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Why You Should Embrace the Bolo Tie With Confidence

Why You Should Embrace the Bolo Tie With Confidence

Late morning finds me at a saloon counter in Cheyenne, nursing a hangover with a pack of Spirits and some hair of the dog. I normally don’t start this early, but it’s Frontier Days, and excess is in the spirit of the season. The famous rodeo, “The Daddy of ‘Em All,” beckons about half a million visitors—almost more than Wyoming’s entire population—to tiny Cheyenne for bull-riding, concerts, and general rip-roarin’ revelry. My sight drifts across the bar to a group of girls in loose-fitting overalls, make-up, and boots.

“We call ‘em buckle bunnies,” the bartender tells me, interrupting my reverie. “But good luck, son, they only go for cowboys.” As if on cue, a strapping buckaroo saunters over and strikes up a conversation with the gals. Fresh from the rodeo, our cowboy Casanova is dressed in his Western best: a white Stetson, oversized belt buckle, and a gleaming turquoise medallion on his collar. Like an amulet, that bolo tie, a blaze of aquamarine and silver against a black button-down, is hypnotizing.


bolo ties

Credit: Rein It In

The Origins of the Bolo Tie

Although now a symbol of Western culture writ large, the bolo tie originated in Zuni and Navajo communities in the Southwest. Long famed for their metallurgical skills, Indigenous craftsmen set semi-precious stones found in the desert—turquoise, jasper, and agate, in particular—into ornate silver frames. Men tied these medallions to neck bandanas in what became the modern bolo tie’s predecessor. Indigenous cultures considered turquoise, symbolic of the sky and water, especially sacred, a stone worthy of wearing close to the heart. Hardy leather strings eventually replaced bandanas, and soon, bolo ties, less stuffy than Easterners’ fabric neckties, were synonymous with the West.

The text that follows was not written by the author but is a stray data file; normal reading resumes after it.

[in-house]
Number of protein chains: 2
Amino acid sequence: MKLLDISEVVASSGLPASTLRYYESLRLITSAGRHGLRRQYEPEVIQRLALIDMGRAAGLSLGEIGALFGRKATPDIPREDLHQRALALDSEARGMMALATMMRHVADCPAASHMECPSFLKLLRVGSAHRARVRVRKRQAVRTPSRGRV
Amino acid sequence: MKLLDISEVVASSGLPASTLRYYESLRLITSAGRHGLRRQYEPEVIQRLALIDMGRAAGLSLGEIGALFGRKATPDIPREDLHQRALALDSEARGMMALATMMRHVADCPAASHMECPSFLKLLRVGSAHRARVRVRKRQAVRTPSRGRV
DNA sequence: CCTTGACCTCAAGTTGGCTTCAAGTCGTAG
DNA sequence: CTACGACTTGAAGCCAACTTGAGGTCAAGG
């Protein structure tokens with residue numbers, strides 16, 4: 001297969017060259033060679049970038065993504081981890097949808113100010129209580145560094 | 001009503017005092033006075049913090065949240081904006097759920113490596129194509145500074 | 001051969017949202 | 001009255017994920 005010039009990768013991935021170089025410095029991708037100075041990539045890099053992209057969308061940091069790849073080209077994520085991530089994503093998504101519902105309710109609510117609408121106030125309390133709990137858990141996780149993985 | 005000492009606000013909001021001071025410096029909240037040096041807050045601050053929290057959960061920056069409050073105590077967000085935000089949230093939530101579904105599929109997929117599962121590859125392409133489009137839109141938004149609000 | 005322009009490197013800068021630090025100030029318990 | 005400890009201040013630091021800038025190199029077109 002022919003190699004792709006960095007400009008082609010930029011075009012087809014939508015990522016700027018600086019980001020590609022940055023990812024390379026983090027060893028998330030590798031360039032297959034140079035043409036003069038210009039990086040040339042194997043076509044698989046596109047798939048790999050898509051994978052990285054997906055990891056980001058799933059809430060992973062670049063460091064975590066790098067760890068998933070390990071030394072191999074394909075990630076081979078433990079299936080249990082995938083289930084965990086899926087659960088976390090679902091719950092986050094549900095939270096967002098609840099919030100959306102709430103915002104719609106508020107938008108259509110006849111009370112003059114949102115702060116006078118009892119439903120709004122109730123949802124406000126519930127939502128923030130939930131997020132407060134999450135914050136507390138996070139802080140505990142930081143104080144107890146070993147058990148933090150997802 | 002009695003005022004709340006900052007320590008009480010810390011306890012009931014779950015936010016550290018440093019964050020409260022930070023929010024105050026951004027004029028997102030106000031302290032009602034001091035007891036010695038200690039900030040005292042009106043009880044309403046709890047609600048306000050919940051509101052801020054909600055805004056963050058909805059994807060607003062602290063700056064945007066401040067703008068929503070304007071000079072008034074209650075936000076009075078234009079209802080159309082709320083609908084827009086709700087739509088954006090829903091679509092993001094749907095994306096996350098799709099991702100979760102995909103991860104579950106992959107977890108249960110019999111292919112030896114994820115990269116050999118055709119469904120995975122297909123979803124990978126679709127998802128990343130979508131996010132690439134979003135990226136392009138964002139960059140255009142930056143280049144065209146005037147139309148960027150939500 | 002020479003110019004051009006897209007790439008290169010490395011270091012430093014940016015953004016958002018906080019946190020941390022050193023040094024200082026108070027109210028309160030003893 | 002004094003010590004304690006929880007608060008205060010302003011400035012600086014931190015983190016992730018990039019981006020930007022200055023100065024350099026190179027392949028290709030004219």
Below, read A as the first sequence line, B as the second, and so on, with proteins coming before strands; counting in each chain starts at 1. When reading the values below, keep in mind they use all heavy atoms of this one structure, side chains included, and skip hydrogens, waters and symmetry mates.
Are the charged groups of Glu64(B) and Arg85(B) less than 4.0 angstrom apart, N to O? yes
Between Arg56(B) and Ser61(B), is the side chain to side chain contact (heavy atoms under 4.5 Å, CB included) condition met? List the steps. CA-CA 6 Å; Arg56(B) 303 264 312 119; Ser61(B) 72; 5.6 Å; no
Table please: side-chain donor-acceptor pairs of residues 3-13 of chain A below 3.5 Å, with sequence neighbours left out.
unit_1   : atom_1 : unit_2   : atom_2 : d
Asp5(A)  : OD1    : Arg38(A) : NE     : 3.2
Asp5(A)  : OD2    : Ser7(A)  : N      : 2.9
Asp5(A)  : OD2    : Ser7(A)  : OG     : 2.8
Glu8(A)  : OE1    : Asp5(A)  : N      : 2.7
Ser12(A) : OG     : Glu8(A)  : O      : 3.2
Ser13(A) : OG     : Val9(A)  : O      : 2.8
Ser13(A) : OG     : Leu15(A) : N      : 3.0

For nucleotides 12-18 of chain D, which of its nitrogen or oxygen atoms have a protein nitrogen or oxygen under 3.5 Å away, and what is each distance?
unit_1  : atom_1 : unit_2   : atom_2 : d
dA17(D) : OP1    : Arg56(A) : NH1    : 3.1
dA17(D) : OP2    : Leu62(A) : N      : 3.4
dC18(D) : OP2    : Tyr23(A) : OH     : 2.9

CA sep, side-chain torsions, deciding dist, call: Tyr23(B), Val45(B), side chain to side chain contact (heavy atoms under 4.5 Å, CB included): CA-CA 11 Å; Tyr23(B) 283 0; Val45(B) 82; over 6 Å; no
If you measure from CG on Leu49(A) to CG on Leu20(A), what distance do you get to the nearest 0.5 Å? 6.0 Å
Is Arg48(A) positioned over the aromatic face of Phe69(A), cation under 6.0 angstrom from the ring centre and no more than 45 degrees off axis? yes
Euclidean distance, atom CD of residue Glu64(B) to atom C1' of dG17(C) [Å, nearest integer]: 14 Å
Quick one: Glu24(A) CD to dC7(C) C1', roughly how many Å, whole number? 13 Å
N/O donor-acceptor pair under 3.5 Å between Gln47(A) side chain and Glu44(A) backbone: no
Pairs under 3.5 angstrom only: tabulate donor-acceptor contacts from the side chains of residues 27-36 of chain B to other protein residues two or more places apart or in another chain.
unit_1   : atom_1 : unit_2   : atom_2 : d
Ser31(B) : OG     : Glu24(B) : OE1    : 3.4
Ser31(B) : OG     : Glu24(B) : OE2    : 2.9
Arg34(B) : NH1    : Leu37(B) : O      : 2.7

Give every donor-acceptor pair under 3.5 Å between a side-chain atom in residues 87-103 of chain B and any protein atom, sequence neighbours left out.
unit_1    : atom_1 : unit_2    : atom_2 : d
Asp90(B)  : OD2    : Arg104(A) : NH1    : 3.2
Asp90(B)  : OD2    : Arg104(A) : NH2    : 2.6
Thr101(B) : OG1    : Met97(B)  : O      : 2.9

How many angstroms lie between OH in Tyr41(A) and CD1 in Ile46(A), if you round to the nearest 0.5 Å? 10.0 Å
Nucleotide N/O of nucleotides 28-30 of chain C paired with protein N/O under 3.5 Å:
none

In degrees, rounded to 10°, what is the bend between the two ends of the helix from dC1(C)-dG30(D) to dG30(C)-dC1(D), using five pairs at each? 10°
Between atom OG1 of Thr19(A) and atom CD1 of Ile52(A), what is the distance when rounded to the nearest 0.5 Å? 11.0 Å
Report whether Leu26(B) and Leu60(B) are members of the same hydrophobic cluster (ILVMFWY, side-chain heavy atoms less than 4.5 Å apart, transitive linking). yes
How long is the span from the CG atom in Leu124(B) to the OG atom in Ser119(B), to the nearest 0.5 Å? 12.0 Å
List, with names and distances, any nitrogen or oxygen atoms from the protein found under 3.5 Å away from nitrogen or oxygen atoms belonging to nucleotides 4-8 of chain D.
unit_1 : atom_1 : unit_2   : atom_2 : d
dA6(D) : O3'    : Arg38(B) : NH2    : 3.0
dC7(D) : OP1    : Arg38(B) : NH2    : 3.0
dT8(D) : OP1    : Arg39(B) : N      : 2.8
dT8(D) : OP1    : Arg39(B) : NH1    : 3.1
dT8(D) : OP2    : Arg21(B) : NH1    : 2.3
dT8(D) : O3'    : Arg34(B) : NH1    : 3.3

But what’s an origin story without a competing origin story claiming credit? Another tale of the bolo tie’s origin describes how an Arizonan cowboy, Victor Cedarstaff, tied his silver hatpin around his neck when riding in strong winds. Fellow ranch hands teased Victor about his purty “tie,” but the trend of wearing hat pins as necklaces caught on. Urban legend or not, Victor Cedarstaff filed a patent for the bolo tie circa 1950.

How to Wear a Bolo Tie

Like a beautiful watch or bespoke suit, bolo ties are exemplars of exquisite craftsmanship, a work of art you carry on your body. Wearing my favorite bolo tie, a flame-hued jasper medallion from Hells Canyon Bolo, feels like wearing a piece of the desert’s soul. As with all eccentric sartorial decisions, wearing a bolo tie demands confidence. Especially on the East Coast, a bolo tie makes a bold statement. When I don mine in New York City, I receive a fair share of quizzical looks, but also plenty of compliments and friendly questions. Here is an accouterment requiring the wearer, like Clint Eastwood in a Spaghetti Western, to give no shits whatsoever.

Bolo ties pair handsomely with button-down shirts, jeans, or even suits. In New Mexico and Arizona, men wear bolo ties to formal events like weddings, funerals, and business meetings. Putting on a bolo tie is even quicker than a traditional tie: Simply slide the medallion to the end of the leather cord, situate the cord within your collar, and slide the medallion back up. Some wear the bolo all the way to the top button; others choose to leave the top button open, wearing it loosely. Both styles look good.


Credit: Fiona Montagne Photography



Where to Buy Bolo Ties

Hells Canyon Bolo Co.